For years, Baseball Mexico has chronicled the so-called “Mexican managerial merry-go-round,” in which field managers are hired, fired and recycled at a rate unseen in professional baseball north of the border. Case in point: The Quintana Roo Tigres last week parted ways with helmsman Adan Munoz and replaced him with another ex-catcher, Hector Paez. Munoz was hired to replace Jesus Sommers as skipper of the Cancun team on May 9, 2019 and led the Tigres to a 62-57 regular season record and a playoff berth. Paez had served as Munoz' bench coach.
While the revolving door may not spin quite as fast in the front offices, being a general manager of a Mexican baseball franchise is still not the most stable way to warn a living. Two of the most difficult teams to work sit less that 100 miles from each other on the border with the United States in Baja California Norte and both are seeking to replace their respective GMs after departures of two respected former players last week.
Luis Alfonso Garcia's “separation from the position of Sports Manager” was announced by the Mexicali Aguilas of the Mexican Pacific League. Garcia took over as GM in Mexicali in February 2019 and while the team did reach the playoffs each of the past two seasons, the Aguilas failed to make it past the first round both times and that was enough for owner Dio Alberto Murillo to make a change.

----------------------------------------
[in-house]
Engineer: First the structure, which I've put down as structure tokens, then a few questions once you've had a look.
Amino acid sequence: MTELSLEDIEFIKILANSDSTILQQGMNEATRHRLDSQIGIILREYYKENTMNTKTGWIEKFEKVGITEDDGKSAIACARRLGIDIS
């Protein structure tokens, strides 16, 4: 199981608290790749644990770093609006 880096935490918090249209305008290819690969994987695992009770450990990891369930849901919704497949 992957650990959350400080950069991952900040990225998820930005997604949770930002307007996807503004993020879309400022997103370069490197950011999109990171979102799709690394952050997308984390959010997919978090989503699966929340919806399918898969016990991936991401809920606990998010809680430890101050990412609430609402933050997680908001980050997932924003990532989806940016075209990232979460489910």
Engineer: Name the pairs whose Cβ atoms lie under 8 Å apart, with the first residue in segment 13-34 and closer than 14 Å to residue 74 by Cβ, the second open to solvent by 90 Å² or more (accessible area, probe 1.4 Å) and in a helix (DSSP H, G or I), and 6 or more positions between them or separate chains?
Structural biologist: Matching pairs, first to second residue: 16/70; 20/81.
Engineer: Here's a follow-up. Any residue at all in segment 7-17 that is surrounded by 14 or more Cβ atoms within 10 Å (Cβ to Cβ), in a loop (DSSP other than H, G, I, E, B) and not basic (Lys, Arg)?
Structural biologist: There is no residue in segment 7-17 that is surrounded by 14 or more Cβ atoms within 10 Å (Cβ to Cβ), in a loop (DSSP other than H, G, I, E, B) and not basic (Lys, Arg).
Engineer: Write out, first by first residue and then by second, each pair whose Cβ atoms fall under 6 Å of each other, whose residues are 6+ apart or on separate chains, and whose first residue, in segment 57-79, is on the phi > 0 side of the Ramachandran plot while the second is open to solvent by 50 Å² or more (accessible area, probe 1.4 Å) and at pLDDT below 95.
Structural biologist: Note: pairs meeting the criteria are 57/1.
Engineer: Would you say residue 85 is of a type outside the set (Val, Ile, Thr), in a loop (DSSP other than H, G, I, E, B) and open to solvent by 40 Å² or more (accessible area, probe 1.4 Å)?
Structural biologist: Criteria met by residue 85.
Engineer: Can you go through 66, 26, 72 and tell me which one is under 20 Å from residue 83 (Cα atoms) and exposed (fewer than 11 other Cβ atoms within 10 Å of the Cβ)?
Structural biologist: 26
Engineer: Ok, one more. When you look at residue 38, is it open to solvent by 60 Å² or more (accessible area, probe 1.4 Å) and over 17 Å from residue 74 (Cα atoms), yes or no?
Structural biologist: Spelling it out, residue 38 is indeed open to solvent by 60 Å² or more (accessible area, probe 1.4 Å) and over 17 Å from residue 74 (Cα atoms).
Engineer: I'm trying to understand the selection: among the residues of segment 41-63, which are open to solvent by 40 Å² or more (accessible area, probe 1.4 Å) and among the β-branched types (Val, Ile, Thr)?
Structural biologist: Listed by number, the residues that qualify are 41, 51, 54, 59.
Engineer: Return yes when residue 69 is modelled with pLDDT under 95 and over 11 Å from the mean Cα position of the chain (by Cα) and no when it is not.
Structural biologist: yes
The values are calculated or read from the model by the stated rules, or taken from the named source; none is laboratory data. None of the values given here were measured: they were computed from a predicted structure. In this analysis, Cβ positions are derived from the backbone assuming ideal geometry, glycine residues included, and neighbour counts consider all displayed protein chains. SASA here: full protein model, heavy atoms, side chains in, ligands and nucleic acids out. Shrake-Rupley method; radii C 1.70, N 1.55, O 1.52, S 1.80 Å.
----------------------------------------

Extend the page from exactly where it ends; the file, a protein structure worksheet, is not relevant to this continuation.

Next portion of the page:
Garcia, a 42-year-old Guadalajara native who spent a couple seasons as a first baseman in Japan during a 21-year career that saw him belt a combined 395 homers on both sides of the Pacific, released a statement thanking the Aguilas “for the opportunity they gave me to perform this role. It was a great experience where I was able to develop in a different and new facet for me, applying my knowledge within baseball.”
In a press release, the team said they “appreciate the dedication and professionalism shown by Luis Alfonso García during the time he was in charge of this important position, wishing much success in his professional career and personal projects.” The Aguilas earlier announced that field manager Bronswell Patrick will be back for the 2021-22 season, or at least the start of it.
Meanwhile, the Mexican League's Tijuana Toros announced last week “that as of this date, Óscar Romero will leave the position of sports manager in the organization,” adding that the move “is generated by mutual agreement.” Romero was hired by the Toros in September 2016, shortly after their loss to Puebla in the Serie del Rey championships, 4 games to 2. Replacing former MLB pitcher Jorge Campillo, Romero served as Tijuana's sports manager for the next four-plus years, during which the team has had a quartet of managers (Pedro Mere, Lino Rivera, Oscar Robles and now Omar Vizquel) while winning the 2017 LMB pennant under Mere.